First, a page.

Noland is a treat; as a kind of cross between Powers Boothe in Southern Comfort and Ice T in Surviving the Game, he absolutely fits the mould of the film. He has been surviving on the predator game preserve for ten years, and he has used that time to learn about the Predators, perfect his survival tactics and go utterly insane. Fishburne's performance is pitch-perfect, as he banters with his imaginary friend and generally acts crazy as hell. It's a damn shame that his presence in the film is so brief. Had Noland been the main character, and if Predators were an exploration of his isolation and declining mental health, it would have been brilliant. As it stands, we have a shining gem of a cameo in the middle of an otherwise dull film. What an absolutely tragic waste of an opportunity.
For someone fighting for survival in a Predator game reserve for ten years, Larry sure looks well fed.
So, maybe you're sitting there reading this and wondering when I will get to the real meat of this review. What is the action like? This is an action film, after all. Well, it's not good. It's the opposite of good. Which is bad. Most of the gunfights in this film basically consist of the cast members firing their weapons directly toward the camera with cutaways of bullets missing their intended targets. I get the feeling they're trying to make something visceral here, that audiences will feel like they're being shot at and will want to duck and dodge. This doesn't work. It's just headache-inducing flashes and noise, and it raises an even bigger problem.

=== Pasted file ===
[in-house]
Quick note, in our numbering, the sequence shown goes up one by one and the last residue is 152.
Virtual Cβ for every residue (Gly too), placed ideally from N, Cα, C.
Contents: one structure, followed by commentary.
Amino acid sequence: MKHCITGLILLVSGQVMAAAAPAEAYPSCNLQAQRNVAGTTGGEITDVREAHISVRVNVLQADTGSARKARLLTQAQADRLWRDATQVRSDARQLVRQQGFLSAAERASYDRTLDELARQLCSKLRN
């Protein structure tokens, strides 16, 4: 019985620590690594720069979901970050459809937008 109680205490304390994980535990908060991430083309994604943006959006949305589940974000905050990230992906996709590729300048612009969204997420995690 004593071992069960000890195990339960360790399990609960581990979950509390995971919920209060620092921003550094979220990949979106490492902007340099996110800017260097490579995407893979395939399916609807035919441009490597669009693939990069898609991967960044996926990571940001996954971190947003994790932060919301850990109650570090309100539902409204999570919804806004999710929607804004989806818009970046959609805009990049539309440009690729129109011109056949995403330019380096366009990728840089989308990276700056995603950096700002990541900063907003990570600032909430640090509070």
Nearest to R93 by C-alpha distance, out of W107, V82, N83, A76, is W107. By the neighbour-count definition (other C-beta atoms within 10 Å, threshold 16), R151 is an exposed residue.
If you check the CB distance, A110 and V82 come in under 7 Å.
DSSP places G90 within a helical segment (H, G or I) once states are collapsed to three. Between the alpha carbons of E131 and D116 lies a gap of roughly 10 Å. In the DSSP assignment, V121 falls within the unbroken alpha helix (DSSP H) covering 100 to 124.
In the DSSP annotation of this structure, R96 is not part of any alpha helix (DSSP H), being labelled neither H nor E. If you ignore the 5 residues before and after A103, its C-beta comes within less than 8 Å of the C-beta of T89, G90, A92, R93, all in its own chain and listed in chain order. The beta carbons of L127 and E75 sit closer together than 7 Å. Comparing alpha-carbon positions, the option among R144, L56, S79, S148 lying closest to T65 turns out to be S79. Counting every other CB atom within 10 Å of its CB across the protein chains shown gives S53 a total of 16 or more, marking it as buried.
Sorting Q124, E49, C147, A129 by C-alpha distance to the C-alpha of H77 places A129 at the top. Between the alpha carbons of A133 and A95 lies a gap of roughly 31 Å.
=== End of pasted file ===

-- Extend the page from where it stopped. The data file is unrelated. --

In an action scene, the most important aspect to convey to your audience is geography. In an early scene, the Predators unleash some alien hunting dogs to test their victims' strengths and weaknesses. We're given no clues as to how far away the dogs are from the shooters, how many there are, where everybody is or anything else that might make the scene coherent. This is a problem I've seen in a lot of action scenes that involve CGI creatures. Apparently they just film the dudes shooting their guns now and worry about the actual logistics of the action later on.
Also, If I were one of the Predators, I'd be pretty disappointed in the choice of victims. These super-soldiers can't shoot for shit. The entire sequence involves everybody wasting as much ammo as possible as they fail to shoot a huge target that is running directly toward them in a straight line. Considering how early in the film this occurs, the prevailing sense given here is that this group of idiots talk a good fight, but are completely ineffective in any kind of combat situation.